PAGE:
India Inc’s Services On Tap 



They’re all over the cities, the numbered Sumos packed with young men and women, in Gurgaon, Vashi, Noida, Bangalore. Usually at odd hours of the day and night. Their shifts (and their accents) depend on the time zones of the places they work for–US, Europe, India. They’re the call center people.

Nasscom says they exported services worth over Rs 850 crore last year. Voice & Data estimates the figure to double in this ‘slowdown year’. GE pioneered the large-scale model, handling call center and other functions for their global operations. Now, the big call center folks, Covergys and Sitels, are here. 

Not bad, considering how strongly dependant on IT and telecom infrastructure this business is, the areas India is the weakest in. Partly, it goes to show what can be achieved with the right focus and support: IP leased circuits were allotted on priority for export-oriented tech parks and call centers. 

The domestic outsourced call center business is under Rs 100 crore, with a handful of customers such as HP and Videocon outsourcing sales and support calls to DSS Mobile, Easycall, et al. Not counting the rapidly-growing number of in-house call centers, from cellular service support to pizza and telemarketing.

This is all good employment news. The formal outsourced call center services business employed over 15,000 last year, with many more in the domestic and in-house support ops.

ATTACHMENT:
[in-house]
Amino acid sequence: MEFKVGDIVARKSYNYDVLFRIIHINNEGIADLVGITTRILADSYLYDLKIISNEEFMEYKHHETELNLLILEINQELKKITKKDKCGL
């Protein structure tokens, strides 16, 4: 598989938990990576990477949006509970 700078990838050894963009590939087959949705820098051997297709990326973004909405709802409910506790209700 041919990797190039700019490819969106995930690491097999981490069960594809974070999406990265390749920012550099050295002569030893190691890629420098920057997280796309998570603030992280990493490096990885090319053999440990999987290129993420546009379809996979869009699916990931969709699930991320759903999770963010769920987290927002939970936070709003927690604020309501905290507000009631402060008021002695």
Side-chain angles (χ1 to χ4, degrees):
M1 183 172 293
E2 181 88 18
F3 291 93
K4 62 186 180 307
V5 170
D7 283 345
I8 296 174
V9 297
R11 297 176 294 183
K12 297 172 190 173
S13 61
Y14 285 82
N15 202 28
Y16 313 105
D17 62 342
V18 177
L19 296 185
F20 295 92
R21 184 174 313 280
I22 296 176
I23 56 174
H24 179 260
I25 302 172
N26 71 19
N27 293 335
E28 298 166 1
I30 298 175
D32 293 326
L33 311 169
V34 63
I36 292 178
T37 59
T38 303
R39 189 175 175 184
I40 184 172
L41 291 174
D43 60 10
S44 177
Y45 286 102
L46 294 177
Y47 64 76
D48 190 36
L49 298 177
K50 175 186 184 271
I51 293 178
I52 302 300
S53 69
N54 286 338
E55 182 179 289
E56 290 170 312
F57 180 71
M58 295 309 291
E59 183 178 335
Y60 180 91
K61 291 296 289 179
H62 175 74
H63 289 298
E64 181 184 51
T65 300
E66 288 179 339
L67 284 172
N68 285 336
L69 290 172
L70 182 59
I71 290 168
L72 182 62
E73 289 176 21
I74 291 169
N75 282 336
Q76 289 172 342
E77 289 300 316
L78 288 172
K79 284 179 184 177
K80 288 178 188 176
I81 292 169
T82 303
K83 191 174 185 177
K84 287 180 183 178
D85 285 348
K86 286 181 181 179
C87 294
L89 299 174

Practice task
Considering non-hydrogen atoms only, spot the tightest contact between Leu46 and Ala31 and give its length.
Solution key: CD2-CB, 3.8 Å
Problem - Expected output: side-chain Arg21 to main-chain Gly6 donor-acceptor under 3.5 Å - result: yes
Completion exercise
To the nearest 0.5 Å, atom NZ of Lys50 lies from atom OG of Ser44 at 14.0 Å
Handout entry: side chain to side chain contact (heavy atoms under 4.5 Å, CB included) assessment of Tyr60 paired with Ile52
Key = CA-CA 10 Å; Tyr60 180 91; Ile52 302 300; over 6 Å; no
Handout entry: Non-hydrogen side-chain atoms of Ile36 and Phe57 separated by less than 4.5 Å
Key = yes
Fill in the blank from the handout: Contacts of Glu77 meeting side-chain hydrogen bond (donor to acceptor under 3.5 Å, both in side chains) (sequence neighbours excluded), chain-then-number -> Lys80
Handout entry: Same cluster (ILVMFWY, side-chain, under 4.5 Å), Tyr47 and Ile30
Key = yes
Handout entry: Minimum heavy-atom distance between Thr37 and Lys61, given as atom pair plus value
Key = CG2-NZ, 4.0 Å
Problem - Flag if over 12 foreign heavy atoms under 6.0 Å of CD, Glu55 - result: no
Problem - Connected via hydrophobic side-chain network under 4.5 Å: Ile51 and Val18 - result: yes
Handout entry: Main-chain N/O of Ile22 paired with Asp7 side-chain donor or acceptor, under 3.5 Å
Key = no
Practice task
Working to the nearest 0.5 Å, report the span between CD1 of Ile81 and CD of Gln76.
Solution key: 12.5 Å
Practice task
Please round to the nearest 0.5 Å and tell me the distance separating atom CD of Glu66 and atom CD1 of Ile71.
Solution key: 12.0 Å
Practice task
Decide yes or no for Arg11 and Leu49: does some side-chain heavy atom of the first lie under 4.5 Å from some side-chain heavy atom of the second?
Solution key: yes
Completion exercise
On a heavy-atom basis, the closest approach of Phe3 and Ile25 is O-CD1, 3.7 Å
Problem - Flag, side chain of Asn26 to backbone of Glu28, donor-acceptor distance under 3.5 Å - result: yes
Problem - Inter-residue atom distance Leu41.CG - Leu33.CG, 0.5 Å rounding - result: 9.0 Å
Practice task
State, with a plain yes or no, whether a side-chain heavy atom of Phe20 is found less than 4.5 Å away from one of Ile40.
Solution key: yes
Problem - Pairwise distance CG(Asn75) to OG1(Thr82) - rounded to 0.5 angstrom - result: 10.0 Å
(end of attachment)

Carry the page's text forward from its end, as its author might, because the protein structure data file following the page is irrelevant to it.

It’s not quite staggering revenues yet, just over 3% of the $6-billion-odd that software exports grossed last year for India. Dataquest doesn’t include IT enabled services into IT industry revenues, though Nasscom does. But it’s clearly a visible and growing chunk.

But this is the tip of a large iceberg–of a range of services that can be offered and deployed over the Internet.

Some extend (or predate) the call center idea. Tech support has for long been centralized, with companies such as IBM and Microsoft handling email-based support out of Bangalore. HLL runs the IT operations for Unilever Asia-Pacific out of
Bangalore. 

Transcription may be dying, but what about other medical services over the Net? Those that leverage intellectual property to get better value? Specialists could offer consultation to other doctors across the globe, aided by expertise and databases culled from a billion patients. 

With the Internet removing geography and visa barriers, the possibilities are endless. Thousands of talented designers could offer design services over the Web. Vast amounts of editorial services could shift to bureaus in India.

There are few limits to what can be done in the IT-enabled services arena, with the right people, ideas, capital and infrastructure. We have the first two, and we’re getting there in the rest.

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